OBESITY / CLINICAL RESEARCH
 
KEYWORDS
TOPICS
ABSTRACT
Introduction:
Obesity has emerged as one of the major risk factors of severe morbidity and cause-specific mortality among severe acute respiratory syndrome coronavirus-2 (SARS-CoV-2) infected individuals. Patients with obesity also have overlapping cardiovascular diseases and diabetes, which make them increasingly vulnerable. This novel ecological study examines the impact of obesity and/or body mass index (BMI) on rates of population-adjusted cases and deaths due to coronavirus disease 2019 (COVID-19).

Material and methods:
Publicly available datasets were used to obtain relevant data on COVID-19, obesity and ecological variables. Group-wise comparisons and multivariate logistic regression analyses were performed. The receiver operating characteristic curve (ROC) was plotted to compute the area under the curve.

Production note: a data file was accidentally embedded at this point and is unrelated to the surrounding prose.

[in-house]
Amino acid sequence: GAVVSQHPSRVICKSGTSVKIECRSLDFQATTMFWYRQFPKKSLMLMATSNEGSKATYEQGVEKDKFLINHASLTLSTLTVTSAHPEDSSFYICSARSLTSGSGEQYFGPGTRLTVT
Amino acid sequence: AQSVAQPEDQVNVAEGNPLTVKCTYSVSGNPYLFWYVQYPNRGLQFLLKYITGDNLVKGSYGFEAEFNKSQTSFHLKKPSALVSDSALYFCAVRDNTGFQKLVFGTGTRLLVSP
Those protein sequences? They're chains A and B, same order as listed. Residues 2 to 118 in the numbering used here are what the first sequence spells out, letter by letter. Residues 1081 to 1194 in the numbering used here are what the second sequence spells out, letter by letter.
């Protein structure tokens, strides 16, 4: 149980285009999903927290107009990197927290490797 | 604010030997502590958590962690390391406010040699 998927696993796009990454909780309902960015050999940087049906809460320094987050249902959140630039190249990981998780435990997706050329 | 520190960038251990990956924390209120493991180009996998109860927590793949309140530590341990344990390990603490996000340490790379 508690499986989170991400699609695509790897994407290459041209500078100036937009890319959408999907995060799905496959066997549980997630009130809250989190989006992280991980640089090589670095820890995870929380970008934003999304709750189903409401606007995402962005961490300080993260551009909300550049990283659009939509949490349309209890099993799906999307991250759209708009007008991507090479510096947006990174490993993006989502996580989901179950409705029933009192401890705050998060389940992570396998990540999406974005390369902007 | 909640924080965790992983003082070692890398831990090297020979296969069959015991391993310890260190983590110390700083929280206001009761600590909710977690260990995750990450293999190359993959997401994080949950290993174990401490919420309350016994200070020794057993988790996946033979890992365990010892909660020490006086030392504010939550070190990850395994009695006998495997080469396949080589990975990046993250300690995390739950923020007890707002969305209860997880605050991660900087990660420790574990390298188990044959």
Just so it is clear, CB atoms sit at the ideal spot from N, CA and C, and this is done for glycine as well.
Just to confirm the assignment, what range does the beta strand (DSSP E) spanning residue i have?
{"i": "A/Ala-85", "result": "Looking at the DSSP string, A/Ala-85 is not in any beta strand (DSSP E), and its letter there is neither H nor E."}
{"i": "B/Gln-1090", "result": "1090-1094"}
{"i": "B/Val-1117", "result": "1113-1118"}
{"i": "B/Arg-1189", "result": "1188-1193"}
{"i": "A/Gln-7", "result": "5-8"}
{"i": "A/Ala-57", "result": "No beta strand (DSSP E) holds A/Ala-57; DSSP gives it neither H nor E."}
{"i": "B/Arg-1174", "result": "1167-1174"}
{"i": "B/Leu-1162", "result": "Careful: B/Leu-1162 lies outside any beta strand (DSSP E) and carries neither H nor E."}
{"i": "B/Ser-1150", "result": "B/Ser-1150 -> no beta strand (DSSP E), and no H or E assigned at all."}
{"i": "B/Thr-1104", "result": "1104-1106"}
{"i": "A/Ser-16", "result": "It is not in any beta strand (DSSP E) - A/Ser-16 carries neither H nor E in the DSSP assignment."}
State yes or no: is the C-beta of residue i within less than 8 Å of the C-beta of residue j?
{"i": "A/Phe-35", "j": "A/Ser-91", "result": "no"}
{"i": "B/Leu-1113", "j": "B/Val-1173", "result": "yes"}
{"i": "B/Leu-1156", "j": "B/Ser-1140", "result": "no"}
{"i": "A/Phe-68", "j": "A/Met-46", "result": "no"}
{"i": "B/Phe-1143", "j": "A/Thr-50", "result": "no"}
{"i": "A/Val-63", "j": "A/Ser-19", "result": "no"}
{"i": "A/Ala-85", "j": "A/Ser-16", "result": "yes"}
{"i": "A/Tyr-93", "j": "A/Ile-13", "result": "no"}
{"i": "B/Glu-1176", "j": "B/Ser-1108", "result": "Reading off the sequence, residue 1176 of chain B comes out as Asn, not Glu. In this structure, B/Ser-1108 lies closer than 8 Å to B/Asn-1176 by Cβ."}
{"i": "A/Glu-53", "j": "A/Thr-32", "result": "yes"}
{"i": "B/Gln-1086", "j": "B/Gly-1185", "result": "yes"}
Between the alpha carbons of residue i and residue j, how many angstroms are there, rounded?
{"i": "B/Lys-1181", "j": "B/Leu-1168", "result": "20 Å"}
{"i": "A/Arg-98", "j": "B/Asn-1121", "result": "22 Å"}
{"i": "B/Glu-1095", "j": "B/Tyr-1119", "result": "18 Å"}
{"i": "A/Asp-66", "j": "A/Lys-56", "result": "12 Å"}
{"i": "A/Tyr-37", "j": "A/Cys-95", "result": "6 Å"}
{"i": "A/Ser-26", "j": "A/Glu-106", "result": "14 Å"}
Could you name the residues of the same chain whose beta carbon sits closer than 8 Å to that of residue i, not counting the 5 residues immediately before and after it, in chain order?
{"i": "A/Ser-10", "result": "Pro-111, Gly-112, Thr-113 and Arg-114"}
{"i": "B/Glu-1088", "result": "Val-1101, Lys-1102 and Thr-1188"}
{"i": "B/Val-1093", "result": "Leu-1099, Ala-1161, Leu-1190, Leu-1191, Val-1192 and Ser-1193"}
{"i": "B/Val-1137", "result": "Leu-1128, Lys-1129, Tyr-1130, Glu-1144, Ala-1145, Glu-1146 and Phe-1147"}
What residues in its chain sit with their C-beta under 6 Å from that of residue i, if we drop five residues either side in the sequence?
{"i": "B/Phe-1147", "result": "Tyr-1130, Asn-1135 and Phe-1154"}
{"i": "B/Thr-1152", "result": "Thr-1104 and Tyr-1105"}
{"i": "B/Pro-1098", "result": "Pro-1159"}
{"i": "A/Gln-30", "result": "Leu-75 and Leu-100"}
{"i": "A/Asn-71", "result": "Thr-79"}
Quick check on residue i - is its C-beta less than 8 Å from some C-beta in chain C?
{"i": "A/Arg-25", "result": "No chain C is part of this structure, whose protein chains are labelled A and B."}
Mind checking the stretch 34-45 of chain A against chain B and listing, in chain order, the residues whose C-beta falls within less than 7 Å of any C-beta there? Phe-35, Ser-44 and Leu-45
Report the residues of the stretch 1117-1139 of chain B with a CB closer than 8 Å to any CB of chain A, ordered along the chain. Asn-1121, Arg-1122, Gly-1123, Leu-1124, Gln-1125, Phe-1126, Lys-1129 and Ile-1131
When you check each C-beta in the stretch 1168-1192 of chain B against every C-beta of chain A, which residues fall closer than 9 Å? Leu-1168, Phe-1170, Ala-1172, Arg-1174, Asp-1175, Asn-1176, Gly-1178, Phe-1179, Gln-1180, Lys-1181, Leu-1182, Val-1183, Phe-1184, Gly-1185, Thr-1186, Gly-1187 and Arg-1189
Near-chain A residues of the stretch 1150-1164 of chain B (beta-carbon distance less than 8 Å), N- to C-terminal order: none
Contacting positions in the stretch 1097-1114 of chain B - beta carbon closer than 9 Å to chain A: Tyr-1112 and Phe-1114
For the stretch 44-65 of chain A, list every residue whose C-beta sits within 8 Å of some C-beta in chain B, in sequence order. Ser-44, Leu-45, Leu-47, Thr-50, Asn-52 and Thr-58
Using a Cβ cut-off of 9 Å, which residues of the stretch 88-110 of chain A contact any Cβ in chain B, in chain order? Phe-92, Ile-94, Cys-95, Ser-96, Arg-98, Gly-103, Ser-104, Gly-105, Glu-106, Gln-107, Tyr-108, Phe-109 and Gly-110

Results:
We found that male BMI is an independent predictor of cause-specific (COVID-19) mortality, and not of the caseload per million population. Countries with obesity rates of 20–30% had a significantly higher (approximately double) number of deaths per million population to both those in < 20% and > 30% slabs. We postulate that there may be a U-shaped paradoxical relationship between obesity and COVID-19 with the cause-specific mortality burden more pronounced in the countries with 20–30% obesity rates. These findings are novel along with the methodological approach of doing ecological analyses on country-wide data from publicly available sources.

Conclusions:
We anticipate, in light of our findings, that appropriate targeted public health approaches or campaigns could be developed to minimize the risk and cause-specific morbidity burden due to COVID-19 in countries with nationwide obesity rates of 20–30%.

eISSN:1896-9151
ISSN:1734-1922